Look at the semantics

Semantically, these conceptual entities have something important in common. It is difficult to object to language that points to something naturally desirable. Who can argue for worse regulation or policy incoherence? The whole semantic space is kind of already taken, occupied by the dominant language of governance. Then, you either talk within that language or you do not find semantic space to explore, argue for, and organise alternatives. In a recent article, I explore what happens with this language of governance.

I explore in detail better regulation as policy reform agenda. This appears at first glance unquestionable, universally desirable. Yet, the content of better regulation is actually assembled in distinctive ways – such as the pivotal role of economics as justification for regulatory choice, the concerns about excessive regulatory burdens, the imperative to use regulation to stimulate innovation. Again, I am not saying these are wrong concepts. But they are one of the ways we can reason about regulation, not the only one. Instead, with better regulation, it looks like there is no other way.

As political theorist Michael Freeden would say, concepts are assembled in morphologies that make up an ideology. I use ideology not in the sense that this reform agenda is ideological or false consciousness. Ideology, in this case, is how concepts are assembled and work together.

A semantic double act

So, how do concepts work together? First, the adoption of better regulation language limits semantic fragmentation within large coalitions for reforms, for example it keeps together the delegates of the Regulatory Policy Committee of the OECD. Imagine a semantic big tent where all delegates can say ‘we are all for better regulation’ whilst at the same time muting the difference between those of us who want to cut regulation and those who care more about the quality of regulation than its quantity.

This is the first move of the semantic act: all concepts are essentially contestable, but here, in this language, they appear de-contested. The second move is to erect a semantic wall that leaves no space to those outside. There is no semantic room for those who disagree with better regulation, only the absurdity of asking for ‘worse’ regulation. It is a bit like saying ‘here, we are all liberals’ (although policy disagreements exist within the liberal front) and vehemently discrediting how the concept of freedom is understood by libertarians. 

Not just language

It is not just a story about language. It is a story about how dominant policy coalitions shield internal conflict (by de-contesting concepts) and make it difficult to build alternative agendas.

I extend the analysis to other domains, such as policy coherence – a morphology of concepts that has been proved analytically flawed, yet it still seduces policy-makers and generates guidance documents of international organizations like the United Nations. In certain domains, these semantic constructions obfuscate winners and losers (as in the case of smart cities), in others they do not provide the correct basis for taking decisions (such as social value judgements).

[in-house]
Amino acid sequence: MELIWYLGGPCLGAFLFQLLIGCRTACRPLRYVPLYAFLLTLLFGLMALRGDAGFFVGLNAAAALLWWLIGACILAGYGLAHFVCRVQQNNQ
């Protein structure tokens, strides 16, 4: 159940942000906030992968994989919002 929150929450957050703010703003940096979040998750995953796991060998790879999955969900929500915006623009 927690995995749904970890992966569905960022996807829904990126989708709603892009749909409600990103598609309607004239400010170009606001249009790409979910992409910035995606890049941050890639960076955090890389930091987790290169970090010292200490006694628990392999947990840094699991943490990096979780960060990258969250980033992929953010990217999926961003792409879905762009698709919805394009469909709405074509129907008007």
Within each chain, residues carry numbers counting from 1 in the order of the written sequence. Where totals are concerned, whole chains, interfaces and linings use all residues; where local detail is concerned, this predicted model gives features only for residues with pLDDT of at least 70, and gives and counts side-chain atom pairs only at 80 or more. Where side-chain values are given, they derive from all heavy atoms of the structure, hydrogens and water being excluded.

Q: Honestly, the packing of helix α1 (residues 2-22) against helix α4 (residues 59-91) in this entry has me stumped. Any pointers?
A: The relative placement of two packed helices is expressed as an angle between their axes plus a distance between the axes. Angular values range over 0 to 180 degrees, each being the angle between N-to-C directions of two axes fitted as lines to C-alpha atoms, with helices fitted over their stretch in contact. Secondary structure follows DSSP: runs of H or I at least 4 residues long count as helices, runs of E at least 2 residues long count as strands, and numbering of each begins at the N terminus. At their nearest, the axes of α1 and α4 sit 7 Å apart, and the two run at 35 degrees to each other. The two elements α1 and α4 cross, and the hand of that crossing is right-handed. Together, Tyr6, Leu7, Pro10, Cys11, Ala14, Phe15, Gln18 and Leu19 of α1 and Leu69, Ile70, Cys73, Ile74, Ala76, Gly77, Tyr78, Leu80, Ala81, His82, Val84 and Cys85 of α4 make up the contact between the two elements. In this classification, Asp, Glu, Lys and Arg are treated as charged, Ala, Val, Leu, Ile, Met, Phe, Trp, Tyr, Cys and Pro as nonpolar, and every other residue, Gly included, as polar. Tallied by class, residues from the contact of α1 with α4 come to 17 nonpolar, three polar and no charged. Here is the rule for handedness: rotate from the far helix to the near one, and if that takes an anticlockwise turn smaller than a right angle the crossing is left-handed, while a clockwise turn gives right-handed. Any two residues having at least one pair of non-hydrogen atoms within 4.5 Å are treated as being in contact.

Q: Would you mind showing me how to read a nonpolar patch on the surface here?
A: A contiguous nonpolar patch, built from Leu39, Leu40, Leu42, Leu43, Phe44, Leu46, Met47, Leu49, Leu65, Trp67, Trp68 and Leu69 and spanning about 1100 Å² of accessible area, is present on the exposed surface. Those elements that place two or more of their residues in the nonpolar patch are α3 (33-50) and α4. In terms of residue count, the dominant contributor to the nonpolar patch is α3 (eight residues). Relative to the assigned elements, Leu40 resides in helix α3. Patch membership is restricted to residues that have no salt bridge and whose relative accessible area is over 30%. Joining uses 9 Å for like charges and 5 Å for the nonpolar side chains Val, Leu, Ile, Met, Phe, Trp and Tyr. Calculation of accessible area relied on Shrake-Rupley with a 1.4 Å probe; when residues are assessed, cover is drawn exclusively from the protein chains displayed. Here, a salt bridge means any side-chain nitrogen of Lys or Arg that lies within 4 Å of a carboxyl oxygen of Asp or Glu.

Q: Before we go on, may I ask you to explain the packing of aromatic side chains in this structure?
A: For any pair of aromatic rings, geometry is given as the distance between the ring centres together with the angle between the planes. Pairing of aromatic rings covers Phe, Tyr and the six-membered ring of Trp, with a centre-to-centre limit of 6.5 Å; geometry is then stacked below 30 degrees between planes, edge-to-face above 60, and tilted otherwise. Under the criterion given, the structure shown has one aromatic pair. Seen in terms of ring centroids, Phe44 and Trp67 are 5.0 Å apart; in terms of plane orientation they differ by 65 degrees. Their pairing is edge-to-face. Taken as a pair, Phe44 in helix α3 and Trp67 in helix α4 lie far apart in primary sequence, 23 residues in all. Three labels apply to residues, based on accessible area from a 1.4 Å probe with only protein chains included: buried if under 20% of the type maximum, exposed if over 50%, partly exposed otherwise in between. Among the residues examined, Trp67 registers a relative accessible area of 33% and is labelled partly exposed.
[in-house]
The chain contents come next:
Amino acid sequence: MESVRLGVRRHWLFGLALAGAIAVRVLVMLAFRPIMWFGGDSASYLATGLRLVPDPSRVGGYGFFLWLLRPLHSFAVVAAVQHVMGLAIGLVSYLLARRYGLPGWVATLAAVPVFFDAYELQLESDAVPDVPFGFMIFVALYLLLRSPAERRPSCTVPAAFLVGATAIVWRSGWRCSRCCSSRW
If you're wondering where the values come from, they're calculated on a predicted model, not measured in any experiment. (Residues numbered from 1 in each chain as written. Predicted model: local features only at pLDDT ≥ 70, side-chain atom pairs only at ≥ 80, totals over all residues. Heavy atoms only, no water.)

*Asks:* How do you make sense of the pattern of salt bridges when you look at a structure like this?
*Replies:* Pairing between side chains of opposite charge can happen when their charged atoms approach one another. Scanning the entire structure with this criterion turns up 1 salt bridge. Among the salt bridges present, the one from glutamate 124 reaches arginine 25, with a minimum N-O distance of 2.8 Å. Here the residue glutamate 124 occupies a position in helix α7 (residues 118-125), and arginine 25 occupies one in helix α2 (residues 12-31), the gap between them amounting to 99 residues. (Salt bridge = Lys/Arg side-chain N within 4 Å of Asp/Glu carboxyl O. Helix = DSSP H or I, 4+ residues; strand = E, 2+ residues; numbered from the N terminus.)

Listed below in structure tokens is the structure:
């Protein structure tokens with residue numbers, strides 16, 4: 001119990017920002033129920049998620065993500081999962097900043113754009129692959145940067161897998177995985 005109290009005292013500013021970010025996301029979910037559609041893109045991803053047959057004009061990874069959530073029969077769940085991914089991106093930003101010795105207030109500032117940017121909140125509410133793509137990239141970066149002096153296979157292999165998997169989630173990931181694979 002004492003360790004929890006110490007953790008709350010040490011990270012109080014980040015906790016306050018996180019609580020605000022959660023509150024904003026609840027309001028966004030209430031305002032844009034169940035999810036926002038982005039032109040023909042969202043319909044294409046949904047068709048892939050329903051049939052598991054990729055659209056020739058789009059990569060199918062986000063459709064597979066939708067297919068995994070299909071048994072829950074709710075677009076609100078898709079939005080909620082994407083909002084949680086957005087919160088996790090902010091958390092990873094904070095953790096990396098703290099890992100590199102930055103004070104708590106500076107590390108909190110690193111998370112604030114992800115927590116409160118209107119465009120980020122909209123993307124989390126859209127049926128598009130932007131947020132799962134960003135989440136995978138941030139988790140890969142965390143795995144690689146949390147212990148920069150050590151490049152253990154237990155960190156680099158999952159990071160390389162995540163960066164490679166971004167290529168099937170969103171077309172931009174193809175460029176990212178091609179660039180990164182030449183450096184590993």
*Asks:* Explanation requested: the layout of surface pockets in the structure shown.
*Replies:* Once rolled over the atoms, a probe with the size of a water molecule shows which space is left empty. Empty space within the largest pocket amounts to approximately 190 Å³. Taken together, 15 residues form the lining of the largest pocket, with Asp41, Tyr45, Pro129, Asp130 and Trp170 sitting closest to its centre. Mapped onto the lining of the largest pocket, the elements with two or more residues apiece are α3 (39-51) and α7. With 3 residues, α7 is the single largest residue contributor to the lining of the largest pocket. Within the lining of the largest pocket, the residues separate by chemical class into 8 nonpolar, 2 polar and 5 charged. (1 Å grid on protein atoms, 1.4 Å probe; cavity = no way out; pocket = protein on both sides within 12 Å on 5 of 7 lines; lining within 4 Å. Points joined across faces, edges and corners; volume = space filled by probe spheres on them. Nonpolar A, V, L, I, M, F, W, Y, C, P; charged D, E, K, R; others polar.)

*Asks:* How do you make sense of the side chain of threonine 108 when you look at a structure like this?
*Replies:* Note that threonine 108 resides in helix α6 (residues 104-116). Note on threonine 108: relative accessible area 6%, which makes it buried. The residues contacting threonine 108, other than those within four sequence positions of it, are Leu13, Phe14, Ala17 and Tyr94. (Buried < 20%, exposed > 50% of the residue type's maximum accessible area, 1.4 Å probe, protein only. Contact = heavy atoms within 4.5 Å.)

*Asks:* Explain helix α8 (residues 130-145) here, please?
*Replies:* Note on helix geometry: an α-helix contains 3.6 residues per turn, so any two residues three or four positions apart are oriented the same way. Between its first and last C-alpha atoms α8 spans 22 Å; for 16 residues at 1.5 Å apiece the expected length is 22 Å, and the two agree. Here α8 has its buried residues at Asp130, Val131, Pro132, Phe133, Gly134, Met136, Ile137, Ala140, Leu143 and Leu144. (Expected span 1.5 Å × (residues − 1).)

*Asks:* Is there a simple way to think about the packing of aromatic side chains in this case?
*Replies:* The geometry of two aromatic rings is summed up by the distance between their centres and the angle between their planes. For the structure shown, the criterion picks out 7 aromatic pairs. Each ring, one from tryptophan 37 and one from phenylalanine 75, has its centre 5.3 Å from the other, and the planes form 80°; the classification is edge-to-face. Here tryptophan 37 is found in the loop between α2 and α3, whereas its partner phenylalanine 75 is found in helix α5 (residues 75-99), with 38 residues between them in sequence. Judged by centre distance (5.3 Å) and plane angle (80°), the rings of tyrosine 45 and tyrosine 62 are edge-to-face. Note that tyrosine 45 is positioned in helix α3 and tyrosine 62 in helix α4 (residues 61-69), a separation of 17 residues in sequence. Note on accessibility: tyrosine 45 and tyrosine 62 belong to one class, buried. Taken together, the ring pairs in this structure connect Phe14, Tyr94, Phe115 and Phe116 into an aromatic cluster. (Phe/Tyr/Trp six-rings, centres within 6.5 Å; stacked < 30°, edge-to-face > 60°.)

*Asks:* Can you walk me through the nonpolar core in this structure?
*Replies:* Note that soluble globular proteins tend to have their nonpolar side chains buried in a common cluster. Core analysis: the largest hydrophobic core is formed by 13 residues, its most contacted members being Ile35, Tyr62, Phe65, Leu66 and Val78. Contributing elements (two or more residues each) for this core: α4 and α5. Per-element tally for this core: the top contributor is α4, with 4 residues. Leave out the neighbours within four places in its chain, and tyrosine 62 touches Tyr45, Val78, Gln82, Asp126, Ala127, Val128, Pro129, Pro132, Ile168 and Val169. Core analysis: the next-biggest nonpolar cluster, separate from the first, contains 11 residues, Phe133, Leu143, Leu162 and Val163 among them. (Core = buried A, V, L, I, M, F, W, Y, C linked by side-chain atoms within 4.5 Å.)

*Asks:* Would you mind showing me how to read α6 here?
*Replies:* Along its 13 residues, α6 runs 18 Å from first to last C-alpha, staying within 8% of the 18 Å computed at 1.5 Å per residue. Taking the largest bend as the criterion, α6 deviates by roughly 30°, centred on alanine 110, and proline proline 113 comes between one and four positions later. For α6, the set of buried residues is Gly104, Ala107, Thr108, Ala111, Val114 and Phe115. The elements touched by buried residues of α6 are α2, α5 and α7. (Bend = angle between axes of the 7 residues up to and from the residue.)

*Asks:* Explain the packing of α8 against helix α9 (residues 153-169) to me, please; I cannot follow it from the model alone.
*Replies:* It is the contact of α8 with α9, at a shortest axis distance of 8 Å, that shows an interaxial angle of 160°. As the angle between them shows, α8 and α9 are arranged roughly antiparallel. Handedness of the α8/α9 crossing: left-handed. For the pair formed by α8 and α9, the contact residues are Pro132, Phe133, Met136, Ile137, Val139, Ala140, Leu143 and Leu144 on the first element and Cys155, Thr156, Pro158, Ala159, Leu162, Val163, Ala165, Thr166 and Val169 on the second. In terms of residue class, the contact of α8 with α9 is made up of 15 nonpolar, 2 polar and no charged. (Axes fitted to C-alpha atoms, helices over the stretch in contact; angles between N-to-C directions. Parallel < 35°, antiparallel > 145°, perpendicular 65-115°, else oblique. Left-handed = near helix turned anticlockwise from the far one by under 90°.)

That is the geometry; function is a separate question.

So what?

In terms of policy practice, to understand how polysemy works brings in transparency. It allows a more diverse dialogue about the advantages and limitations of reform agendas, without obfuscating practice under generically attractive labels.

Providers of public management executive training should be able to discuss the tools they teach by opening up the semantic horizon, considering concepts that allow for an open discussion with practitioners. For policy entrepreneurs who want to contest dominant language, the pathway is the following: show the fragility of the intellectual foundations of certain morphologies of concepts, expose internal ambiguity camouflaged by decontestation, gain a discursive level-playing-field, re-configure polysemy in ways that are more transparent and inclusive.

Looking critically into the language that is taken for granted in international organizations, governments, and many schools of public policy is a valuable task. Unveiling and exposing the double act can empower alternative coalitions but also benefit the members of the dominant coalition willing to reduce ambiguity and increase transparency in the connection between language and practice. To expose ambiguity helps a dominant coalition to move forward – for example the OECD has carried out a project on moving beyond the classic perimeter of better regulation, discussing four beliefs systems.

And what about us, policy researchers? In the end, all concepts are contestable: policy researchers can contribute to keep this important door (to contestation) open. The identification and critical discussion of dominant language offers citizens the possibility to discuss what is really ‘better’ and ‘for whom’.

Claudio M. Radaelli (2023) ‘Occupy the semantic space! Opening up the language of better regulation’, Journal of European Public Policy, (Special Issue: The politics of policy analysis: theoretical insights on real world problems)